It was a week of Fed meetings. It slowed activity velocity and volume to almost a stand still. I think this is one of the narrowest ranges in the S&P we have seen all this year. I expected the volatility to expand dramatically as the week progressed. The S&P traveled in a very narrow path today but is still sitting above the box breakout price area. It is somewhat confusing to the bulls that the momentum has seriously declined. However, in weeks like this, the Fed tries to insight euphoria either with words or manipulation or both. Monday’s highs fell shy of our sell point at 149 ’15. We had two attempts the 149 ¼ that was repelled as the energy and horse power diminished. Therefore 149 ¼ became a key short term pivot point. The fact that there were almost no buyers other than the Fed in the bonds set up a possible scenario whereby less than stellar optimism from the Fed could bring the bonds crashing downward. The fact that we briefly dipped inside the S&P box and then moved to the upside was a sign for more to come with the weak longs being scared to the sidelines too quickly once again, leaving the market firmly intact. A short term 148 ’10 price area looms larger each successive day. A close below that number would open the flood gates. The euphoric move of last week seems like ancient history. All ears awaited Bernanke’s rhetoric later in the week.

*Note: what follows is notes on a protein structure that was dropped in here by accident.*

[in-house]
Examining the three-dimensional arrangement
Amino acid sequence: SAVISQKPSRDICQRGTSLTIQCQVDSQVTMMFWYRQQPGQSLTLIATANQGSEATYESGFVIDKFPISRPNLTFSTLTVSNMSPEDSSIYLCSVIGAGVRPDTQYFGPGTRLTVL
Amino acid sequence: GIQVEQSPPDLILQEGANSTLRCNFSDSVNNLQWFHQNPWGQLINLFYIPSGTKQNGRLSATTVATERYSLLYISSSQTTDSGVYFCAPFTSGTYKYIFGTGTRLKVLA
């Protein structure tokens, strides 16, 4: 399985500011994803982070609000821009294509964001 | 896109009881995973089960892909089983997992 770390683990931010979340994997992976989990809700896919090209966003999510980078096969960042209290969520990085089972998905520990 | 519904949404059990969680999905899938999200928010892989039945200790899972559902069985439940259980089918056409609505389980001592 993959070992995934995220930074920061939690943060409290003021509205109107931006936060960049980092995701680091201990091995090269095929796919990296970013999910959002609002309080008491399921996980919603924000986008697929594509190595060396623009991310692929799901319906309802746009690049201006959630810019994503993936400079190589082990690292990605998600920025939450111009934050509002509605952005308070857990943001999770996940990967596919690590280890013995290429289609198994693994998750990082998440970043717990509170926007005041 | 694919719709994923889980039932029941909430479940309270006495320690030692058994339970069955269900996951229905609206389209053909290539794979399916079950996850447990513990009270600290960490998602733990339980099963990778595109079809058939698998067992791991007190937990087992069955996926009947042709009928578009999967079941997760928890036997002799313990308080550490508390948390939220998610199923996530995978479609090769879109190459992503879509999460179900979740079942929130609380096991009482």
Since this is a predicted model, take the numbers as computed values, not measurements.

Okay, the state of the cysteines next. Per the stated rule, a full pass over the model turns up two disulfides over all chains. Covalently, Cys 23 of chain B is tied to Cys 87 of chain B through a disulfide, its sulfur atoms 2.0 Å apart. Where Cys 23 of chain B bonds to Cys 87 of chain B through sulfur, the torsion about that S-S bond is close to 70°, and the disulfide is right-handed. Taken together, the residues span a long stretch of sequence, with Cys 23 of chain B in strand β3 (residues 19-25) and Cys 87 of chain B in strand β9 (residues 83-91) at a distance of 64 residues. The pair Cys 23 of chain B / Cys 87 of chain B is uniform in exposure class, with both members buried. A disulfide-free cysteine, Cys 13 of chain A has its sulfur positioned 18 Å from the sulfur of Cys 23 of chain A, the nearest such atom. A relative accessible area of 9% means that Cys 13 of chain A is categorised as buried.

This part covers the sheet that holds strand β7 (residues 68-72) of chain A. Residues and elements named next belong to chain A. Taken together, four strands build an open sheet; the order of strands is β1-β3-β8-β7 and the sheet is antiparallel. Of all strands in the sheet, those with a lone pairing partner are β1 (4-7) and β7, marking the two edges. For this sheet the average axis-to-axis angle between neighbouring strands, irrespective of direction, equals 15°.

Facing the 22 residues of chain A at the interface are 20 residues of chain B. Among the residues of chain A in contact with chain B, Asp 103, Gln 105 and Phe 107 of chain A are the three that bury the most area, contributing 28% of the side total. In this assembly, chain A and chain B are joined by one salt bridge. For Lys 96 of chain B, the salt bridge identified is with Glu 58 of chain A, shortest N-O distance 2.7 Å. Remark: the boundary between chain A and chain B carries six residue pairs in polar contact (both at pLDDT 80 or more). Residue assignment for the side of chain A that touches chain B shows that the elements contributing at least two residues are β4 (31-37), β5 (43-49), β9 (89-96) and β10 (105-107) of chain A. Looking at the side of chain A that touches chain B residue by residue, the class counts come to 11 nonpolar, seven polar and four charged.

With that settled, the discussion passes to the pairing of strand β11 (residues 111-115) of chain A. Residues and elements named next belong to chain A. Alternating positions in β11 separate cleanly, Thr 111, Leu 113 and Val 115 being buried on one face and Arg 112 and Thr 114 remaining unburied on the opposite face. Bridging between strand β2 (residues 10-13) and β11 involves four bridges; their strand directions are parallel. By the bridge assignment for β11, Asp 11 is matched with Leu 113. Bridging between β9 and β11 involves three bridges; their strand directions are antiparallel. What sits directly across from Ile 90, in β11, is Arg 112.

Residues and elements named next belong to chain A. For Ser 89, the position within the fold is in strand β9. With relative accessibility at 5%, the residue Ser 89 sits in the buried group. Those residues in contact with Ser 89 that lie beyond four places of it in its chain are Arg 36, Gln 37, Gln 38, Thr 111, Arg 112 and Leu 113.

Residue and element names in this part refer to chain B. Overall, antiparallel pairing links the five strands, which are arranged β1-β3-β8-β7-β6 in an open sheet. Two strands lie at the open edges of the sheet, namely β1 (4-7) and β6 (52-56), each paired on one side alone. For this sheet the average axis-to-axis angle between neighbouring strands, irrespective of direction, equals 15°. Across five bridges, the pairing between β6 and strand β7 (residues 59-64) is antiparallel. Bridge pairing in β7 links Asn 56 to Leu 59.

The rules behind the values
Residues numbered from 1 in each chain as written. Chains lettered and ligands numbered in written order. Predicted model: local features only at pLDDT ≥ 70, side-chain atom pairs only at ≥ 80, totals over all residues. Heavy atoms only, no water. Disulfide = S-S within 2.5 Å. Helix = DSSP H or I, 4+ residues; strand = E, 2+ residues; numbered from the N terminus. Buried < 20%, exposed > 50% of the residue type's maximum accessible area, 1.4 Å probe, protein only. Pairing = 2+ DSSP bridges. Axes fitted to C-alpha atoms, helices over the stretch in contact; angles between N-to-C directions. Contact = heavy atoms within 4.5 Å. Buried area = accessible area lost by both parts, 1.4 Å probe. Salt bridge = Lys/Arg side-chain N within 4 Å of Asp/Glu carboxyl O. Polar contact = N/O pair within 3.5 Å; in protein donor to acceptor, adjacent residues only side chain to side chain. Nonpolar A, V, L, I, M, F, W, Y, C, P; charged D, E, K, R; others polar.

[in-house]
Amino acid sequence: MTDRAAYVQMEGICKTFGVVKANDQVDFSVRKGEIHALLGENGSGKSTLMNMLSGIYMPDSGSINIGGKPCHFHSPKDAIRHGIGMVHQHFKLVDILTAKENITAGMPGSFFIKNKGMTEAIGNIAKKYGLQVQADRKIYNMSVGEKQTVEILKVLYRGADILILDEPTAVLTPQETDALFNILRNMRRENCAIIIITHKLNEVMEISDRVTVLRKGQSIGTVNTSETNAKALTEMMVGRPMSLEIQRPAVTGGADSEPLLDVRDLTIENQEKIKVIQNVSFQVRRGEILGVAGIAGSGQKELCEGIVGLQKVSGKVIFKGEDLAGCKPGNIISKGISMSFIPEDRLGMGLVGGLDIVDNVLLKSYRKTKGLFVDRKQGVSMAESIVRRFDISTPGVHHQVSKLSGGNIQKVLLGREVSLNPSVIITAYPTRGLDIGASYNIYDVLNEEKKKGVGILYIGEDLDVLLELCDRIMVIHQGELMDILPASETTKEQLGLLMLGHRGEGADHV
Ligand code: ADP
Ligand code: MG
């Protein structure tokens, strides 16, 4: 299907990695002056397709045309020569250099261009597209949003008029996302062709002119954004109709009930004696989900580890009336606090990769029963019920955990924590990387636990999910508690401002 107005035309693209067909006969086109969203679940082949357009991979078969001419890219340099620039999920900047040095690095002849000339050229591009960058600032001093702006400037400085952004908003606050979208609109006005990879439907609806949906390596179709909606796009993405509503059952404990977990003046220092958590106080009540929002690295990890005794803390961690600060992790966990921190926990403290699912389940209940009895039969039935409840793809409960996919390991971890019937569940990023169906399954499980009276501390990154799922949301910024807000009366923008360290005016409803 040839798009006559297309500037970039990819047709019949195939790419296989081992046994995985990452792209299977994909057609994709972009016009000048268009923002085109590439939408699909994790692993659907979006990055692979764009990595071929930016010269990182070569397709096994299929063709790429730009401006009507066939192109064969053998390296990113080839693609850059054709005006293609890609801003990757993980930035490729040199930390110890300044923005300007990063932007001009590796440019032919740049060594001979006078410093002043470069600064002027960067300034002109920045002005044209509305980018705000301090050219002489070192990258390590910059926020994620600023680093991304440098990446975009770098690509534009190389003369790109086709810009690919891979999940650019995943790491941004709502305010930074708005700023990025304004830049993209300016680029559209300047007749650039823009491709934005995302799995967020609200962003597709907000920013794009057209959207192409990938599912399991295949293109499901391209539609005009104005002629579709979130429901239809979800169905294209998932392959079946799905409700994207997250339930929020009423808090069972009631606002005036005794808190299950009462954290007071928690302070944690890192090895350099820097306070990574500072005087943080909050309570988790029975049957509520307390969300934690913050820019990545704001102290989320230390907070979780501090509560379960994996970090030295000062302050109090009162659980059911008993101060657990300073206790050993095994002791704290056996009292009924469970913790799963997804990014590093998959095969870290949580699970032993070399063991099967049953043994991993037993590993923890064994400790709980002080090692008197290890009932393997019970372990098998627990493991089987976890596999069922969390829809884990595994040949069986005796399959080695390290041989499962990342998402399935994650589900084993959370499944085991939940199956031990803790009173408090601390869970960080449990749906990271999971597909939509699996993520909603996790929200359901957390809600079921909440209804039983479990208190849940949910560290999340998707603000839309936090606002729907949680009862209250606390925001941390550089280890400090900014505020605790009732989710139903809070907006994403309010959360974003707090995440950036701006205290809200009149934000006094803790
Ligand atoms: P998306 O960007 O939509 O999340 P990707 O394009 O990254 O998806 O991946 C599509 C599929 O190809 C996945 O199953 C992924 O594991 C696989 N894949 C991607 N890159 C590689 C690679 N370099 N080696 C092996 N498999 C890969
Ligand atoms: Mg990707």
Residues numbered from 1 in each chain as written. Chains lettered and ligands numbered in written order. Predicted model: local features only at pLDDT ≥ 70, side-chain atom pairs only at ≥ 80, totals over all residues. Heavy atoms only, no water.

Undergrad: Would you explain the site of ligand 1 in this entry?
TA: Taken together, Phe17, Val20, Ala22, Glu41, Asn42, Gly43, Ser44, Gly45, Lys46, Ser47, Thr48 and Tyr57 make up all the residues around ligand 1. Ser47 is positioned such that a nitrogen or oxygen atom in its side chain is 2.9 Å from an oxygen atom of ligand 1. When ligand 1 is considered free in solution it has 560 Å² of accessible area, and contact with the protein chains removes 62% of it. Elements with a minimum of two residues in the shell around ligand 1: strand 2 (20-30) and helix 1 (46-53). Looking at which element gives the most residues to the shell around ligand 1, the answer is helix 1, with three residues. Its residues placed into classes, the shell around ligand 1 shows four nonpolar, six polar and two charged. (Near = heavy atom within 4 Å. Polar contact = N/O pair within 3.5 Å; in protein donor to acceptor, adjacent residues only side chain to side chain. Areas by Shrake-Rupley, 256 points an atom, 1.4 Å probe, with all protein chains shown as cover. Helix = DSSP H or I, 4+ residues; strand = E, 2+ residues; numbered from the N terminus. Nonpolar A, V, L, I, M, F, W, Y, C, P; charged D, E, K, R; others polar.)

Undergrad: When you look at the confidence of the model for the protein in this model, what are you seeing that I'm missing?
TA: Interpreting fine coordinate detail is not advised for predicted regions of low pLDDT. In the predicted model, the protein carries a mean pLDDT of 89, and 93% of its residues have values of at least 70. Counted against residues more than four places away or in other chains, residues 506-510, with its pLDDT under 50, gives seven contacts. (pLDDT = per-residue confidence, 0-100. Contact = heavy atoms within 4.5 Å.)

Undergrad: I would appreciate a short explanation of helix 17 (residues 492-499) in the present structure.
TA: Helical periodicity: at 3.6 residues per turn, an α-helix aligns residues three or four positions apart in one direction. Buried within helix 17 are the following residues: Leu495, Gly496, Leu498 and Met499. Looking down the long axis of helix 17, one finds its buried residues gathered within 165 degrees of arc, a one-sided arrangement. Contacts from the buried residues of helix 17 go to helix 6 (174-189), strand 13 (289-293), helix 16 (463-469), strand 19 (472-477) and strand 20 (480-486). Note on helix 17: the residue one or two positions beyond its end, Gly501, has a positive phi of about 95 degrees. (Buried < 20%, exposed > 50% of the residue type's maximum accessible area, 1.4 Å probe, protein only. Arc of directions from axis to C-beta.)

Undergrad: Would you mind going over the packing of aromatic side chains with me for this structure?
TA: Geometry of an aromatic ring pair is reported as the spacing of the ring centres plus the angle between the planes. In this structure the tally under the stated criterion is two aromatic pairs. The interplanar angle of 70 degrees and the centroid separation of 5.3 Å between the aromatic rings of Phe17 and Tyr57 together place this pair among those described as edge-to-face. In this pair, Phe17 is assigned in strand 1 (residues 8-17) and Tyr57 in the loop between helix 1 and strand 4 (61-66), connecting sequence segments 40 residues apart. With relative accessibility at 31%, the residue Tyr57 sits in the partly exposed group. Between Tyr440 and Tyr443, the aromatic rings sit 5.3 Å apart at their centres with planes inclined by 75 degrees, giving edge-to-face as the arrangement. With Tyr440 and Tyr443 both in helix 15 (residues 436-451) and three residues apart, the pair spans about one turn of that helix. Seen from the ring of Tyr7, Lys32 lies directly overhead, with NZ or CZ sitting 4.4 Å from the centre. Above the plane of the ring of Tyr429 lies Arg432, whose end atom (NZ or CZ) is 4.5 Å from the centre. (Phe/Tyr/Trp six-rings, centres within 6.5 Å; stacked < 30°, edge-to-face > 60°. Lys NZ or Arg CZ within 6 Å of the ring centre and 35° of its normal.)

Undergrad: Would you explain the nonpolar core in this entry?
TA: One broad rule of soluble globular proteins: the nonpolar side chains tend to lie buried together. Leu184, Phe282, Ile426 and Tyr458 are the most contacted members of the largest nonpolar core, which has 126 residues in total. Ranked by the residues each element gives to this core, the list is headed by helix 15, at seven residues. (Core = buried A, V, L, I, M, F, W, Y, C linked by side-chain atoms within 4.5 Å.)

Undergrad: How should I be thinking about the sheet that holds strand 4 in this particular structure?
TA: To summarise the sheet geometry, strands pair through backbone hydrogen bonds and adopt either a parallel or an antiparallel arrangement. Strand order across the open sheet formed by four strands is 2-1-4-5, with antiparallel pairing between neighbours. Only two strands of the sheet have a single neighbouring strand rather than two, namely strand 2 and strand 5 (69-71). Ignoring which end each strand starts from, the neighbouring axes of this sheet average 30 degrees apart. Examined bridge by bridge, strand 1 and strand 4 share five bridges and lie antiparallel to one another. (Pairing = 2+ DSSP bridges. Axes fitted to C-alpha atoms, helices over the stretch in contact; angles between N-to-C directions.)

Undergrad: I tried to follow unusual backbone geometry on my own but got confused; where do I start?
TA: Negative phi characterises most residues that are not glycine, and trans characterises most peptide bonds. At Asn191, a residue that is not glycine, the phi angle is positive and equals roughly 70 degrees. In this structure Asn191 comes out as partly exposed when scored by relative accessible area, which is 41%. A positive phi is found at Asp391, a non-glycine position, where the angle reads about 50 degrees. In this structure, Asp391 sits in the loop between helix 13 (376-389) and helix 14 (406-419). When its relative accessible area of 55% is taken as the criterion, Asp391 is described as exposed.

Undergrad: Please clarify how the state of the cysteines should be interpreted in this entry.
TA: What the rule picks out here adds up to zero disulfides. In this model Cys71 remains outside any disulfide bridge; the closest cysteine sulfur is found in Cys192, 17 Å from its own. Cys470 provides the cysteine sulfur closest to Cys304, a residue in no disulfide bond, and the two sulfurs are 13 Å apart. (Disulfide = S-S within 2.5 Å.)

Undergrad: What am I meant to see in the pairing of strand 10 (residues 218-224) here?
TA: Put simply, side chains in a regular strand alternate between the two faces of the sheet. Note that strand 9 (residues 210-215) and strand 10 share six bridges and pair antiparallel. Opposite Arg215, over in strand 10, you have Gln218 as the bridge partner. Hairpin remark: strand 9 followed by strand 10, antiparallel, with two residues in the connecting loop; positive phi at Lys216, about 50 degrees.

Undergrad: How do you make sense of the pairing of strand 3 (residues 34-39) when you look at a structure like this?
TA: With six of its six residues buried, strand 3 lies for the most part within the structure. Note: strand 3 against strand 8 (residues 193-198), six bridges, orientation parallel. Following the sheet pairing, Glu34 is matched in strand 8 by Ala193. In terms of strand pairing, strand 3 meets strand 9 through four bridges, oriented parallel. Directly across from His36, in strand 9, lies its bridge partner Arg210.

Two very important matters being discussed behind closed doors are: the political timing for a Fed move and the second is keeping some ammunition available for the fiscal cliff. Therefore the economic situation perhaps is not the timing crunch that I thought was in play. Does it really make a great deal of difference if the Fed reacts now or after election? The bonds took a licking but can they still keep ticking? Wednesday’s price action broke through a key reversal point at 148 ’10. This was important because the announcement by the Fed would determine the strength or weakness of perhaps the long term of the bonds.
There were several characteristics denoting topping action at week’s end. First, we never had the plus 1000 tick even with higher highs and the backdrop of the fed induced momentum. Secondly, the highs provided a pullback of more than 10 points as momentum disintegrated. Thirdly, the news that prompted the big move absorbed so the adrenaline shot has run through the system. Historically, September does have pullbacks. Since we have had an extended move upward and the Fed has shot their last bullets, the euphoria could diminish quickly. Common sense dictates some sort of pullback is a high probability. The bonds’ bubble has burst. Friday’s trading action took us to lows not seen since May. All this twist malarkey has generated nothing over the last 4 months as the fed has spent an incredible amount of money forcing bonds upward. The technical pattern provided lower highs and lower lows throughout the last several months. Ironically, the Fed appears to have abandoned their operation twist focus. This is an admission, albeit silent, that it did not work.